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Vol. 3 (2007) P 13-26



Regular Article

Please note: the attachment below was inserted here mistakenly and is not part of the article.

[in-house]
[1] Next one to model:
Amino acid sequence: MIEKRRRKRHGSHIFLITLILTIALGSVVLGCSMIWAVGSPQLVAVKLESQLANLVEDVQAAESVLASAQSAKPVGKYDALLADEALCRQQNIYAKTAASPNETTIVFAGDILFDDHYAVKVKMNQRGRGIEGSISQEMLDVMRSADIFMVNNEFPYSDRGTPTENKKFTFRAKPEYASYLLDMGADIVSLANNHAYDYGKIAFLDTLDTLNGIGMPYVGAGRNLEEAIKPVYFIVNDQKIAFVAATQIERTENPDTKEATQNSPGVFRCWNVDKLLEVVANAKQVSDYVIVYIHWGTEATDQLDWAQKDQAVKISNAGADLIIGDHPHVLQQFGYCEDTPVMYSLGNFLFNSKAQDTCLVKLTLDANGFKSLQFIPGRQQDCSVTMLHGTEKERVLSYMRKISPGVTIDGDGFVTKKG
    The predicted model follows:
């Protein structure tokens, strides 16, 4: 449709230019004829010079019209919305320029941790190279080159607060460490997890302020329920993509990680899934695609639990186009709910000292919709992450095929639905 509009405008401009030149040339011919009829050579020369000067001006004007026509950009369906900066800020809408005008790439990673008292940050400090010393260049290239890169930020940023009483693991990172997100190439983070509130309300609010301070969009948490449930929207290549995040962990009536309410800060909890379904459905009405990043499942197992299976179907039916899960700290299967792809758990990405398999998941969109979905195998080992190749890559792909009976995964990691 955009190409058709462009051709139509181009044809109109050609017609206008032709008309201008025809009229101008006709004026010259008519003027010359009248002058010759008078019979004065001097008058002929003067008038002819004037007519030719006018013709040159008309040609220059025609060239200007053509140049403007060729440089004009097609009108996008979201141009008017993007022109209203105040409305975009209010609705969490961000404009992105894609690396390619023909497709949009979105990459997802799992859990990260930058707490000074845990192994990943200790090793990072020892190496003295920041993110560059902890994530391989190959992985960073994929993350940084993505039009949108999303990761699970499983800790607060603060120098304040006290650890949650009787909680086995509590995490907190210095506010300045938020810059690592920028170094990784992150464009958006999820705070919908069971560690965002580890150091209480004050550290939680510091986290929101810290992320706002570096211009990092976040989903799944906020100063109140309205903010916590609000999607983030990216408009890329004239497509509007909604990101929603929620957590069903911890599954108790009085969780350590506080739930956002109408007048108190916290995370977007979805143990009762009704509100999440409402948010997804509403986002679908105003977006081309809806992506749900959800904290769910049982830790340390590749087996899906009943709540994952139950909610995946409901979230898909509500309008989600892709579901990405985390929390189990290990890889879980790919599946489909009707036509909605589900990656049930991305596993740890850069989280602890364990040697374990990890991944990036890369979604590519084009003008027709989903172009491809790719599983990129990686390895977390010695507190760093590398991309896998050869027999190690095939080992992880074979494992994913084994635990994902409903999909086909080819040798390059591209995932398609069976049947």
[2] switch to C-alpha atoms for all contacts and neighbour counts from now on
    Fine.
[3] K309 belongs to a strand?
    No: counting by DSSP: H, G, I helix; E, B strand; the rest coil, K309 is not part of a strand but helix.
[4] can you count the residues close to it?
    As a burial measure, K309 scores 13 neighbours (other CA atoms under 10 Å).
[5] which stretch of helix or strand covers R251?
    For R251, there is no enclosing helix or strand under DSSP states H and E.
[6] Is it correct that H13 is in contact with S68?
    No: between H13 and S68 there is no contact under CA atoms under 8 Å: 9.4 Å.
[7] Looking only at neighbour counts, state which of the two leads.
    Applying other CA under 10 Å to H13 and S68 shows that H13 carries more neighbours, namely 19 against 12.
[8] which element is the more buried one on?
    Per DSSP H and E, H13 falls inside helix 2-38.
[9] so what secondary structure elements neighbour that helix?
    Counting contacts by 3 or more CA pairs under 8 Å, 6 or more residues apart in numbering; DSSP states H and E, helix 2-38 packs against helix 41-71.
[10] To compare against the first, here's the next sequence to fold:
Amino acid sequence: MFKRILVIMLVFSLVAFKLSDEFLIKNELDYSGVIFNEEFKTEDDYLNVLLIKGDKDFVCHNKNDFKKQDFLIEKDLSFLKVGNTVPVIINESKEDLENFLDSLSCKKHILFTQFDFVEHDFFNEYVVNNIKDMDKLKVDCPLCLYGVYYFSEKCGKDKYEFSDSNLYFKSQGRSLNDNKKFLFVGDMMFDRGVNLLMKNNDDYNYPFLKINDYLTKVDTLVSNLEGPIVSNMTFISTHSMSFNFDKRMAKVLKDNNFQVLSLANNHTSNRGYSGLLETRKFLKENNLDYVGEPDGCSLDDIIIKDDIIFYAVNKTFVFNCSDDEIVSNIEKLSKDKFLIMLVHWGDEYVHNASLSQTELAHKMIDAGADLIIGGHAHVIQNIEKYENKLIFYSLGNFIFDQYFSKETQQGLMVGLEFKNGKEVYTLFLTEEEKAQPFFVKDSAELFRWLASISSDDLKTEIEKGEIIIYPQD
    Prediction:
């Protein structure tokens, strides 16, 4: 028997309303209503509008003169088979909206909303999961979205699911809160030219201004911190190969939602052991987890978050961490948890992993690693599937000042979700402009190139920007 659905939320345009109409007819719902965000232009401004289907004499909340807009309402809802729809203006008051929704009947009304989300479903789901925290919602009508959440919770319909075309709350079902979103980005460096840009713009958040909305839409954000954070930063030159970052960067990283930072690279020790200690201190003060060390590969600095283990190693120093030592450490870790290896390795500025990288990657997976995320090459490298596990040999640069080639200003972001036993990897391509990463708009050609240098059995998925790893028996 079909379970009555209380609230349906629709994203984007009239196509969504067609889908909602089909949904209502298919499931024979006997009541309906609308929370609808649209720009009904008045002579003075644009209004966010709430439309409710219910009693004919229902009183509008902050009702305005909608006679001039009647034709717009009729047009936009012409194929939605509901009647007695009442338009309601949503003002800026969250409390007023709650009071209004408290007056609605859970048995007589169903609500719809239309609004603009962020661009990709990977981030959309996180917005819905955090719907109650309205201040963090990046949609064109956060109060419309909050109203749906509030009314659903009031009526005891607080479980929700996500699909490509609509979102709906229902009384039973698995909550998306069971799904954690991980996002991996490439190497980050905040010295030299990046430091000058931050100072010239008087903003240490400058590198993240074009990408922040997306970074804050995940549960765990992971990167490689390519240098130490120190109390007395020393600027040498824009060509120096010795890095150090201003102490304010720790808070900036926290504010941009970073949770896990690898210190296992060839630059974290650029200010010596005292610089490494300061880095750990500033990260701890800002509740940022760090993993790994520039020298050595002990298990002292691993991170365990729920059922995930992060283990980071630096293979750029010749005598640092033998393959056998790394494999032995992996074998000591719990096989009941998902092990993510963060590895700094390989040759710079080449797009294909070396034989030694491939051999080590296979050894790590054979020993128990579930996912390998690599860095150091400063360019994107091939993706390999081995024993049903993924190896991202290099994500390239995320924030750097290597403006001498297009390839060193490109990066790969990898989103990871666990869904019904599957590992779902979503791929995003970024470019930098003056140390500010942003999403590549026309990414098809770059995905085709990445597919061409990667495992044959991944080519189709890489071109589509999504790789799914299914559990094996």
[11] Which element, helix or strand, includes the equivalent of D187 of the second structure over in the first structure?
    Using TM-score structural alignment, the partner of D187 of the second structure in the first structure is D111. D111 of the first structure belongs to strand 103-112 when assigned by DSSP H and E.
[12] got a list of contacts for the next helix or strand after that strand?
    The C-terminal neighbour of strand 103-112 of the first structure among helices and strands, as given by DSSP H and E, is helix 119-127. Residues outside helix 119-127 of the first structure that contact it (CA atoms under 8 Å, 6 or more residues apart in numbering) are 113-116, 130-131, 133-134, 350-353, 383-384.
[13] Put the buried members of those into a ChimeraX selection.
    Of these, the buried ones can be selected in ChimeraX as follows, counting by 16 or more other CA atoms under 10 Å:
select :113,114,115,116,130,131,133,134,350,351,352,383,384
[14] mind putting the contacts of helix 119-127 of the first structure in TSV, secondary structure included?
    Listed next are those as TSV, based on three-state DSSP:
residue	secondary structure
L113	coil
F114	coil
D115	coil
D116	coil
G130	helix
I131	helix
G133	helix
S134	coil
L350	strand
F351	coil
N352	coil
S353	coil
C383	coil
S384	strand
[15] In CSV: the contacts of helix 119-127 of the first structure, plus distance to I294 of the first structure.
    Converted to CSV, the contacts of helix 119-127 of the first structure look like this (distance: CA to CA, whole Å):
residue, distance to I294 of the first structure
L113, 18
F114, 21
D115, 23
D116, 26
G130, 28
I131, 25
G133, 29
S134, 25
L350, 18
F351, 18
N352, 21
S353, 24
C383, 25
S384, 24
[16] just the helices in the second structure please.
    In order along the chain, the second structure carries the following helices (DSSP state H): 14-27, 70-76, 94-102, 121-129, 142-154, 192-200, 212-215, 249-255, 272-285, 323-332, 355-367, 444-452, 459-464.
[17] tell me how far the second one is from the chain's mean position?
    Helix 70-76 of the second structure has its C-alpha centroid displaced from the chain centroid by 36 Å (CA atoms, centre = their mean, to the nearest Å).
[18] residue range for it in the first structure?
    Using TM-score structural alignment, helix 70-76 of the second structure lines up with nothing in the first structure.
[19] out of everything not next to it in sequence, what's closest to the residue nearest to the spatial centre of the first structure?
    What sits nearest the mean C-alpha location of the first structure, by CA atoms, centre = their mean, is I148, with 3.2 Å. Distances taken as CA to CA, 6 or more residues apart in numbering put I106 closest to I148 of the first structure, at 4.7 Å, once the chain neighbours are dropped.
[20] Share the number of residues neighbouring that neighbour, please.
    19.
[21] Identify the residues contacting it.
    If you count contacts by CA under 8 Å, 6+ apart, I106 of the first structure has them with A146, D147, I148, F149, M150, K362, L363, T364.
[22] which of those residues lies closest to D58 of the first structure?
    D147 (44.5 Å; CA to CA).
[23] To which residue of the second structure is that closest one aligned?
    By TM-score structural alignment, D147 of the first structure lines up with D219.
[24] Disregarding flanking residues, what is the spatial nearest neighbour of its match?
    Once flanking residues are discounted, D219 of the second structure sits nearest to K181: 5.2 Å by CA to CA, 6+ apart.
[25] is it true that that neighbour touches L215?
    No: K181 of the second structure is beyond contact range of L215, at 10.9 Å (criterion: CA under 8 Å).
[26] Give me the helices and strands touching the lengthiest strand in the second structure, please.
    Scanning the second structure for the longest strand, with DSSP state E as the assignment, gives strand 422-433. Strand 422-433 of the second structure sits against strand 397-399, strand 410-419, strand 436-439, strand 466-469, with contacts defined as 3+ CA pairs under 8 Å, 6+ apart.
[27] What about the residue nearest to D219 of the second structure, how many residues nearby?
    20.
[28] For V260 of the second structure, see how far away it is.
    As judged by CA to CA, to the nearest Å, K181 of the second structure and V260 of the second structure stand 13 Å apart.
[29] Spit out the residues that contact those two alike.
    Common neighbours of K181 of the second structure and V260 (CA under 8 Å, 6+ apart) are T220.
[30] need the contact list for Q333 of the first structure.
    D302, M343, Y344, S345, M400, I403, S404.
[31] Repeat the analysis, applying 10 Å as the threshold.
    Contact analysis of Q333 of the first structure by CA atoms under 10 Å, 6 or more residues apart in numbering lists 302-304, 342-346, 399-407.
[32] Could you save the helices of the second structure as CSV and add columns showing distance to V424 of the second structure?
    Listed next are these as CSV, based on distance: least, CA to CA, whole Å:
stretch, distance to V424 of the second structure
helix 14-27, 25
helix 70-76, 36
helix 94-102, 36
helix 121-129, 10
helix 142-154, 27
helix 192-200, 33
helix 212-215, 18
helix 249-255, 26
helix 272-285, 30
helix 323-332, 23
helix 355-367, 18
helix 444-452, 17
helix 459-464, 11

Protein-protein interactions support most biological processes, and it is important to find specifically interacting partner proteins among homologous proteins in order to elucidate cellular functions such as signal transduction systems. Various high-throughput experimental methods for identifying these interactions have been invented, and used to generate a huge amount of data. Because these experiments have been applied to only a few organisms, and their accuracy is believed to be limited, it would be valuable to develop computational methods for predicting protein-protein interactions from their amino acid sequences or tertiary structural information. In this study, we describe a prediction method of interacting proteins based on homology-modeled complex structures. We employed the statistical residue-residue contact energy used in a previous study, and two types of new scores, simple electrostatic energy and sequence similarity between target sequences and template structures. The validity of each protein-protein complex model was measured using their single and combined scores. We applied our method to all the protein heterodimers of Saccharomyces cerevisiae. To evaluate the prediction performance of our method, we prepared two types of protein-protein interaction dataset: a complete dataset and high confidence dataset. The complete dataset (10,325 protein dimer models) contains all the yeast protein heterodimers whose complex structures can be modeled. Among them, pairs registered in the DIP database are defined as interacting pairs, and those not registered are defined as non-interacting protein pairs. The high confidence dataset (3,219 protein dimer models) is a more reliable subset of the complete dataset extracted using the criteria of the common subcellular localization. Both datasets show that sequence similarity has a much higher discrimination power than the other structure-based scores, but that the inclusion of contact energy results in significant improvement over predictions using sequence similarity alone. These results suggest that the sequence similarity is indispensable for the prediction, whereas structure scores can play supporting roles.


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